Though the pound began to rally against the dollar almost instantly after her resignation, the damage caused by Trussonomics, which led to a collapse in gilt government prices, have only thrown fuel on the raging fire of the cost of living crisis. Britain is by no means alone in facing such crises – particularly in the wake of various economic and supply chain shocks resulting from Russia’s invasion of Ukraine – but economists have begun to refer to the upshot of Truss’ response as a ‘moron risk premium’, the country becoming a cautionary tale in how to exacerbate an already perilous economic situation.
The Bank of England had to pledge that it was prepared to spend up to £5bn a day over 13 days (to a total £65bn) in an attempt to prevent various pension funds from going under. It is now expected to raise interest rates from 2.25% to 5% by early 2023, with the Resolution Foundation anticipating that five million households could be facing an average mortgage bill increase of £5,100 annually.
Many homeowners may be forced to sell up. But since lenders responded to the mini-budget by withdrawing 1,700 products (roughly 40% of the market) before reintroducing 900 of them at far higher prices, eligible buyers might be in much shorter supply. As well as exposing mortgage-owners to a much higher risk of defaulting (the bank has already warned of increases in the coming months) this could have a severe short-term effect on renters, too, should these rising costs be passed on by landlords. The knock-on effect of a sharp increase in tenants and homeowners being unable to afford rent and mortgages – particularly as other living costs simultaneously soar in tandem – has the potential to not only lead to a large spike in homelessness, but to collapse the property market; a market with which many pension funds are also inextricably linked.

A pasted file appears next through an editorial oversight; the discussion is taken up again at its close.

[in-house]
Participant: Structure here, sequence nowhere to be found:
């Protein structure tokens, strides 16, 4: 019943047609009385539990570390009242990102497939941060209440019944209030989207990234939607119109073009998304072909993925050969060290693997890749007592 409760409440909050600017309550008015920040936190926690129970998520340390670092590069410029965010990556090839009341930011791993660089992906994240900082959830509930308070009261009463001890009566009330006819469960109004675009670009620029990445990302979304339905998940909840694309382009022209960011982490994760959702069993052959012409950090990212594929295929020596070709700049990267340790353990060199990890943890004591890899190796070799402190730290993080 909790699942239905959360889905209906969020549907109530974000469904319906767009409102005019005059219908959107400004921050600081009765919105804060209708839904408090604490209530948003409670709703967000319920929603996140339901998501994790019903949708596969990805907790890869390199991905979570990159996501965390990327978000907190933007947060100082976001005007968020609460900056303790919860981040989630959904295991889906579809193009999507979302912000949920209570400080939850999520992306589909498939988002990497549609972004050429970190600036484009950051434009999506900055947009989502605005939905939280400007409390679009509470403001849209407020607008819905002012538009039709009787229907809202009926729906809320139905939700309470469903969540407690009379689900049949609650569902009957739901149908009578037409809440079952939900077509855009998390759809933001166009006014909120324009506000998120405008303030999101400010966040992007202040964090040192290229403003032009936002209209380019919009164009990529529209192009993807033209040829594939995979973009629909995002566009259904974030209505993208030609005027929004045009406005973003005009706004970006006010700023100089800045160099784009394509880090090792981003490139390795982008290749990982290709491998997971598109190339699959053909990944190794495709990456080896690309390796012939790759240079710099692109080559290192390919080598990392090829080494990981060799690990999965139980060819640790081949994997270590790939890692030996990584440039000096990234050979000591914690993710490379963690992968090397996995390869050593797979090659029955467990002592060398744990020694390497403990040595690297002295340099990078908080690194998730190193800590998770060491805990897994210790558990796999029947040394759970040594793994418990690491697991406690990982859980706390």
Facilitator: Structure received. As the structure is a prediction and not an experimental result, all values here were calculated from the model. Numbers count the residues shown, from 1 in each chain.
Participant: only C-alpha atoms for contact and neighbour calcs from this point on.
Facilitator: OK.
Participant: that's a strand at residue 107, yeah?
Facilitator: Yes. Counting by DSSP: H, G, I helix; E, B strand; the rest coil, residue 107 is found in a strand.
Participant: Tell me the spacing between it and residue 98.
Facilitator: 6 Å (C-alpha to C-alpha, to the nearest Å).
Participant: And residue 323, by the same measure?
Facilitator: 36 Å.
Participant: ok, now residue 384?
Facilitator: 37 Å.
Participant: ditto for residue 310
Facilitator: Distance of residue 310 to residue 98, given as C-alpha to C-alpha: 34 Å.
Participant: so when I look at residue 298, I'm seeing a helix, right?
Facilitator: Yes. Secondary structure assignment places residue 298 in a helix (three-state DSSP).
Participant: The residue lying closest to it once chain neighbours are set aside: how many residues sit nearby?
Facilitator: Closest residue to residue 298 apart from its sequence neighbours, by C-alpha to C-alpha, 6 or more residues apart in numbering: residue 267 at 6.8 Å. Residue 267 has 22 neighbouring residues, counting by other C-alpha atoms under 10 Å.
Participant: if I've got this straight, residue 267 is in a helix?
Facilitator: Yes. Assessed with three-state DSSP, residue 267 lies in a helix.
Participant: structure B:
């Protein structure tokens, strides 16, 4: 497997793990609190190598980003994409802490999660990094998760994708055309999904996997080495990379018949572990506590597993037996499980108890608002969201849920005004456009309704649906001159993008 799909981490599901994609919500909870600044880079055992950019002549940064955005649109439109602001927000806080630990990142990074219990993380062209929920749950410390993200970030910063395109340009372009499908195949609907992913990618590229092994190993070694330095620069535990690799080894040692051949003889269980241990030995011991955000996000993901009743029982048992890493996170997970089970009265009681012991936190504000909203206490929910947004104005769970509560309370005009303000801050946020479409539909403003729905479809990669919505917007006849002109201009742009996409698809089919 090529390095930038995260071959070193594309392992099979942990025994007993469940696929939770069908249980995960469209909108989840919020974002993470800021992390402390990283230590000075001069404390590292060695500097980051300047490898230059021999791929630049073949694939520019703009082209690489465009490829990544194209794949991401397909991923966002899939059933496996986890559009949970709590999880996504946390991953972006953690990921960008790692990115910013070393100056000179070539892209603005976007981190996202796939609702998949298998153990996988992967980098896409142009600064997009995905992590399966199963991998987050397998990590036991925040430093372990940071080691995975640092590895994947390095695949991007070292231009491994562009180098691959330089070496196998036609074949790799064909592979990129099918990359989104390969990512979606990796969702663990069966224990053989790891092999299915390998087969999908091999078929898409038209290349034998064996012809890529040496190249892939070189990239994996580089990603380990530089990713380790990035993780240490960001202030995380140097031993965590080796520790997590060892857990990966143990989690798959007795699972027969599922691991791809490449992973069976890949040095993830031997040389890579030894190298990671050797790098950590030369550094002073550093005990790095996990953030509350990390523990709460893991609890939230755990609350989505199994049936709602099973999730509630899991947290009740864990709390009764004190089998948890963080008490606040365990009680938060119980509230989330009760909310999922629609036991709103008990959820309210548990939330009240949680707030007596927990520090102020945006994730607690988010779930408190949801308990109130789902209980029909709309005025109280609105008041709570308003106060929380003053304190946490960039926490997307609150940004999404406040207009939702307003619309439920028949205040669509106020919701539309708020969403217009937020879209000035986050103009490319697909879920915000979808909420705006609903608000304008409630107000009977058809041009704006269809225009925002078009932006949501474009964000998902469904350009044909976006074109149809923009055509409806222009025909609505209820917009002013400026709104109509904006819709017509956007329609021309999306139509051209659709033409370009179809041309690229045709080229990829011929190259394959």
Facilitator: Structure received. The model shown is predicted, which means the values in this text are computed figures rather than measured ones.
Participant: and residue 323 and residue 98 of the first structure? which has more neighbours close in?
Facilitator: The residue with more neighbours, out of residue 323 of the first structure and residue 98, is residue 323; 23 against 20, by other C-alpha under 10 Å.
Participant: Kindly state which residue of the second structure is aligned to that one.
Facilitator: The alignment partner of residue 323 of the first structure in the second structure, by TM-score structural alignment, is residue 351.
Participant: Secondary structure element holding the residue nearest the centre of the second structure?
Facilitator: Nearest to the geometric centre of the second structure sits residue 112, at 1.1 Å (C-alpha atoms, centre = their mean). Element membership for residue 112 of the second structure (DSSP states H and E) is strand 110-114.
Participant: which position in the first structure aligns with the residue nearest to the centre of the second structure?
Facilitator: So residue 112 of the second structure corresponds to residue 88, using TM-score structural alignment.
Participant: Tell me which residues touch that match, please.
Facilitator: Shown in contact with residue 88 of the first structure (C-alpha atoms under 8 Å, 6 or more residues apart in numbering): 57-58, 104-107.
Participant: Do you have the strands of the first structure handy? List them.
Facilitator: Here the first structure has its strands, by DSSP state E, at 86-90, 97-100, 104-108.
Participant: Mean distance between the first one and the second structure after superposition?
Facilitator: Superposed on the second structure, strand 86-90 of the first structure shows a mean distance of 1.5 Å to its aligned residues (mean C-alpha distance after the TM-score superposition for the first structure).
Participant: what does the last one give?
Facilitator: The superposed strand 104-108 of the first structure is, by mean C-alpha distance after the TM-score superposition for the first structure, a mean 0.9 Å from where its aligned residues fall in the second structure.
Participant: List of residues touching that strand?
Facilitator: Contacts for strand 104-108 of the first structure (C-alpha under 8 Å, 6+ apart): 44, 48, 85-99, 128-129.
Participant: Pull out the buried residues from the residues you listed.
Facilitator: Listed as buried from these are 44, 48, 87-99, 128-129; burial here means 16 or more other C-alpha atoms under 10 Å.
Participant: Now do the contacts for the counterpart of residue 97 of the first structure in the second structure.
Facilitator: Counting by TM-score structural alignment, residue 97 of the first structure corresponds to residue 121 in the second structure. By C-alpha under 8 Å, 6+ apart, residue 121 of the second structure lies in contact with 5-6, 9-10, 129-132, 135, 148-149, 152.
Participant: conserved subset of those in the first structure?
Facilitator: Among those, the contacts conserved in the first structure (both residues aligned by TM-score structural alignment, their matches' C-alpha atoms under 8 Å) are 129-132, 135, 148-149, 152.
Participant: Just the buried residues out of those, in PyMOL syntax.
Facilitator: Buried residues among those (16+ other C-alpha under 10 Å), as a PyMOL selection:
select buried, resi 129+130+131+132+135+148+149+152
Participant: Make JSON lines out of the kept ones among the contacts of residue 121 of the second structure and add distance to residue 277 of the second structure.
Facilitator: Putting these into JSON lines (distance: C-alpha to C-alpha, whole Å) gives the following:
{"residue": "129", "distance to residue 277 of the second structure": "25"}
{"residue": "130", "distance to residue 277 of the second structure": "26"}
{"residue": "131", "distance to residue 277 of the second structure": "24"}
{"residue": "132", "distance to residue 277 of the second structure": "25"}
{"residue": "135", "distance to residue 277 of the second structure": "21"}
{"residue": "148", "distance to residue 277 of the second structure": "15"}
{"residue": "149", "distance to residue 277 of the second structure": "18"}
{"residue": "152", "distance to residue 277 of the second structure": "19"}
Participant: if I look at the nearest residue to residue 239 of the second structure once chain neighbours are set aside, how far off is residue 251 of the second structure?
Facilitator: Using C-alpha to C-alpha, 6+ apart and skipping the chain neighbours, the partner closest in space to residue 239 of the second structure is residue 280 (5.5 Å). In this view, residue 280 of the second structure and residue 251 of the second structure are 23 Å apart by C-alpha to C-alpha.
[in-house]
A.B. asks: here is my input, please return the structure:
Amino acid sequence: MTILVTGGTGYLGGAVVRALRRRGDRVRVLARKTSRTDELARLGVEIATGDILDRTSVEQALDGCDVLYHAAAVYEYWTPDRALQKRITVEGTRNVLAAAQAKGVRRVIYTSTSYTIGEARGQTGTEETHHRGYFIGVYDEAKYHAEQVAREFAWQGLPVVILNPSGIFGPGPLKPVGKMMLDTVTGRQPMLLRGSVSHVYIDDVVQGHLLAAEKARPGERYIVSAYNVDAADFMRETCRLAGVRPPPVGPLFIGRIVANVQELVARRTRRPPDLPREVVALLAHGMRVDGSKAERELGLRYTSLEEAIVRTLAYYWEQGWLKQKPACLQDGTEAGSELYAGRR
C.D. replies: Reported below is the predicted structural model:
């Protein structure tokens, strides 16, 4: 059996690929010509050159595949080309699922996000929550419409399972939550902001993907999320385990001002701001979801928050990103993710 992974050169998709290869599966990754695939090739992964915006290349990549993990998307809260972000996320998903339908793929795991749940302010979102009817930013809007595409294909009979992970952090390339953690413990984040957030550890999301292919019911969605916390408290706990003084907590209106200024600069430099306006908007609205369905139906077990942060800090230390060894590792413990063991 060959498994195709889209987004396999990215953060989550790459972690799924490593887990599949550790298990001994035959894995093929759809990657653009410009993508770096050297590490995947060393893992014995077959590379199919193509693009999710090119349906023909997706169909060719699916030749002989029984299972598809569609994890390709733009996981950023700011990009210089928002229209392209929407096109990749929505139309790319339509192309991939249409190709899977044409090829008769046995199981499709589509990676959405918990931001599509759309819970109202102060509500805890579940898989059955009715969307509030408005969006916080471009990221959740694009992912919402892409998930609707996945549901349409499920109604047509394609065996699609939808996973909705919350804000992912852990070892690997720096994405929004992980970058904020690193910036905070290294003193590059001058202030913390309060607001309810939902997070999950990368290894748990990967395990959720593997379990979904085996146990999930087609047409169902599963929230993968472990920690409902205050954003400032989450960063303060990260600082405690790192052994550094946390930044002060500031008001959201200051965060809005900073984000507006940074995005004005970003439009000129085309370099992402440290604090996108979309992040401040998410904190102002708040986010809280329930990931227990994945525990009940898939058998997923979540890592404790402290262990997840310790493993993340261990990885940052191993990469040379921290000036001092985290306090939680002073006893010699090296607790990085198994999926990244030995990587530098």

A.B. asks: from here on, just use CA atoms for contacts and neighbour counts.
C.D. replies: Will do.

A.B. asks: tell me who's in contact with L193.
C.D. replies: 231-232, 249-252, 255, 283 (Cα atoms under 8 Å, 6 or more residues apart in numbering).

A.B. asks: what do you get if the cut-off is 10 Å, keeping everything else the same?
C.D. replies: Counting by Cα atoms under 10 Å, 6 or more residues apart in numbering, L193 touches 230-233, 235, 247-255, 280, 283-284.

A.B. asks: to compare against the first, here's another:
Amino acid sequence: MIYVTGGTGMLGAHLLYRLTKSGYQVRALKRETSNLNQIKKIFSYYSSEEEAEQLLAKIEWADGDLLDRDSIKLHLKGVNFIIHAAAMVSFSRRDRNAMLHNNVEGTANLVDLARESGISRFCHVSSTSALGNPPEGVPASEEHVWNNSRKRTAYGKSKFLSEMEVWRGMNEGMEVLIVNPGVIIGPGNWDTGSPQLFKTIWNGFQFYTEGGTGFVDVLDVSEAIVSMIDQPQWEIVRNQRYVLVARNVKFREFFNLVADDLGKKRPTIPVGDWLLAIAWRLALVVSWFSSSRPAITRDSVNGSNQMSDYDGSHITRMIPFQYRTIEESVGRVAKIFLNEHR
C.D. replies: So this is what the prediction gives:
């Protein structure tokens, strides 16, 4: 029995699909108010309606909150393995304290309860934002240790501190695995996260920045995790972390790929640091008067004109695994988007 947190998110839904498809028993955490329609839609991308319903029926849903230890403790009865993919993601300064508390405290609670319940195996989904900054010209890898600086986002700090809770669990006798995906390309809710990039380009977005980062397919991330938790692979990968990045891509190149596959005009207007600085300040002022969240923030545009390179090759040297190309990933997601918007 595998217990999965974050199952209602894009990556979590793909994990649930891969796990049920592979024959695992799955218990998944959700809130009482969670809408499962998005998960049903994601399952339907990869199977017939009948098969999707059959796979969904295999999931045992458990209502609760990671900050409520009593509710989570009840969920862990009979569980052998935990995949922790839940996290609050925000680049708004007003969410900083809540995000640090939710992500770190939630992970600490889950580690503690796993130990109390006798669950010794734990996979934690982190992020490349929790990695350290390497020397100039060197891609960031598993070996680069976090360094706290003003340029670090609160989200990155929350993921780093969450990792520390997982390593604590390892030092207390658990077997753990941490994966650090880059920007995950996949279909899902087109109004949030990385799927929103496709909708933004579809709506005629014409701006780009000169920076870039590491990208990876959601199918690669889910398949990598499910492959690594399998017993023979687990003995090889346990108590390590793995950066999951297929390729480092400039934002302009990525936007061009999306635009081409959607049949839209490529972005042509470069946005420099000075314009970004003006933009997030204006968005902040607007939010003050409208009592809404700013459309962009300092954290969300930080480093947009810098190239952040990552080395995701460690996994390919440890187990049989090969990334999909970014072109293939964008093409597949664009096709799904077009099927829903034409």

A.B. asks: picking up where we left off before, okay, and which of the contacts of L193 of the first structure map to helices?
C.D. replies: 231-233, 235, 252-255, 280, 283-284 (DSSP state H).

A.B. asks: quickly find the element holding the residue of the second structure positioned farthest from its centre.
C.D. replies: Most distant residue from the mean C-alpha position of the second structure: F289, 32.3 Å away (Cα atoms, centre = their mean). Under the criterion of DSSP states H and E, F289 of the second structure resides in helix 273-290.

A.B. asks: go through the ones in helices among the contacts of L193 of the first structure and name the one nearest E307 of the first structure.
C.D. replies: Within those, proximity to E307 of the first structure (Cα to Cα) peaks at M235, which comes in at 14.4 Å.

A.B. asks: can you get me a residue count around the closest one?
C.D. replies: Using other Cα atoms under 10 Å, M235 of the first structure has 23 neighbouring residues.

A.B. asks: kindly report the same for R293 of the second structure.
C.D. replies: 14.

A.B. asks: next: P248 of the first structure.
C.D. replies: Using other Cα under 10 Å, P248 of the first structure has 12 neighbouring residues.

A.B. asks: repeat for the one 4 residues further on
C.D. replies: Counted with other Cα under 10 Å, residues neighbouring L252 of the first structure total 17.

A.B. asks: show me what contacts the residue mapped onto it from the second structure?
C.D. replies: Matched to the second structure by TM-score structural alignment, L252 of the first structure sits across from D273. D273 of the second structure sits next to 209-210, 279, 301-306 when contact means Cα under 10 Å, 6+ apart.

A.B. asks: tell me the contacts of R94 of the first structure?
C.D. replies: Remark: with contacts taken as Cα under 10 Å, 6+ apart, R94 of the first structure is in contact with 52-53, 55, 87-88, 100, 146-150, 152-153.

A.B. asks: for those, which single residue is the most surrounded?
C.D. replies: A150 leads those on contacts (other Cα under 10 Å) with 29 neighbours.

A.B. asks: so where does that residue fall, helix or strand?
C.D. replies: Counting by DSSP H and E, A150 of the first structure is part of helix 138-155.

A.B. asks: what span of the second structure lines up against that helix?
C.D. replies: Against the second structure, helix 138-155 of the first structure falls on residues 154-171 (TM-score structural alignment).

There is a potential that interest rates might not be raised in line with market expectations to avoid such a scenario, but this carries a risk of higher inflation, which has already climbed to 10.1% under Truss – the highest in 40 years. Annual food prices have risen by almost 15%, the highest rise since 1980, which has certainly not been helped by the weakening of the pound leading to significantly increased import costs.
The true impact of spiralling energy costs hasn’t been truly felt yet, given we are only in October and winter hasn’t really drawn in. Consumers being battered on numerous fronts of essential costs (housing, fuel, food) are likely to make spending cutbacks, meaning many employers could see a significant downturn in business, which – when combined with their own increases in energy and supply costs – might have disastrous consequences for their staff, whether in depressed wages or cutbacks. Losses in earnings beget losses in spending power begets more losses in earnings. Truss’ ‘Growth Plan’ ostensibly sought to prevent a recession, but looks only to have made one more inevitable, and more sharply felt.
It would be unfair to lay blame for all of these scenarios squarely at the feet of Liz Truss. She is a symptom, rather than a direct cause, of our current situation – and of an ideology that has for decades been busy organising the economy in such a precarious way for the benefit of all those she last month sought to hand tax cuts to. In just 44 days, Truss has given us all a glimpse of what that 40+ year political project could look like if allowed to be taken to its logical conclusion.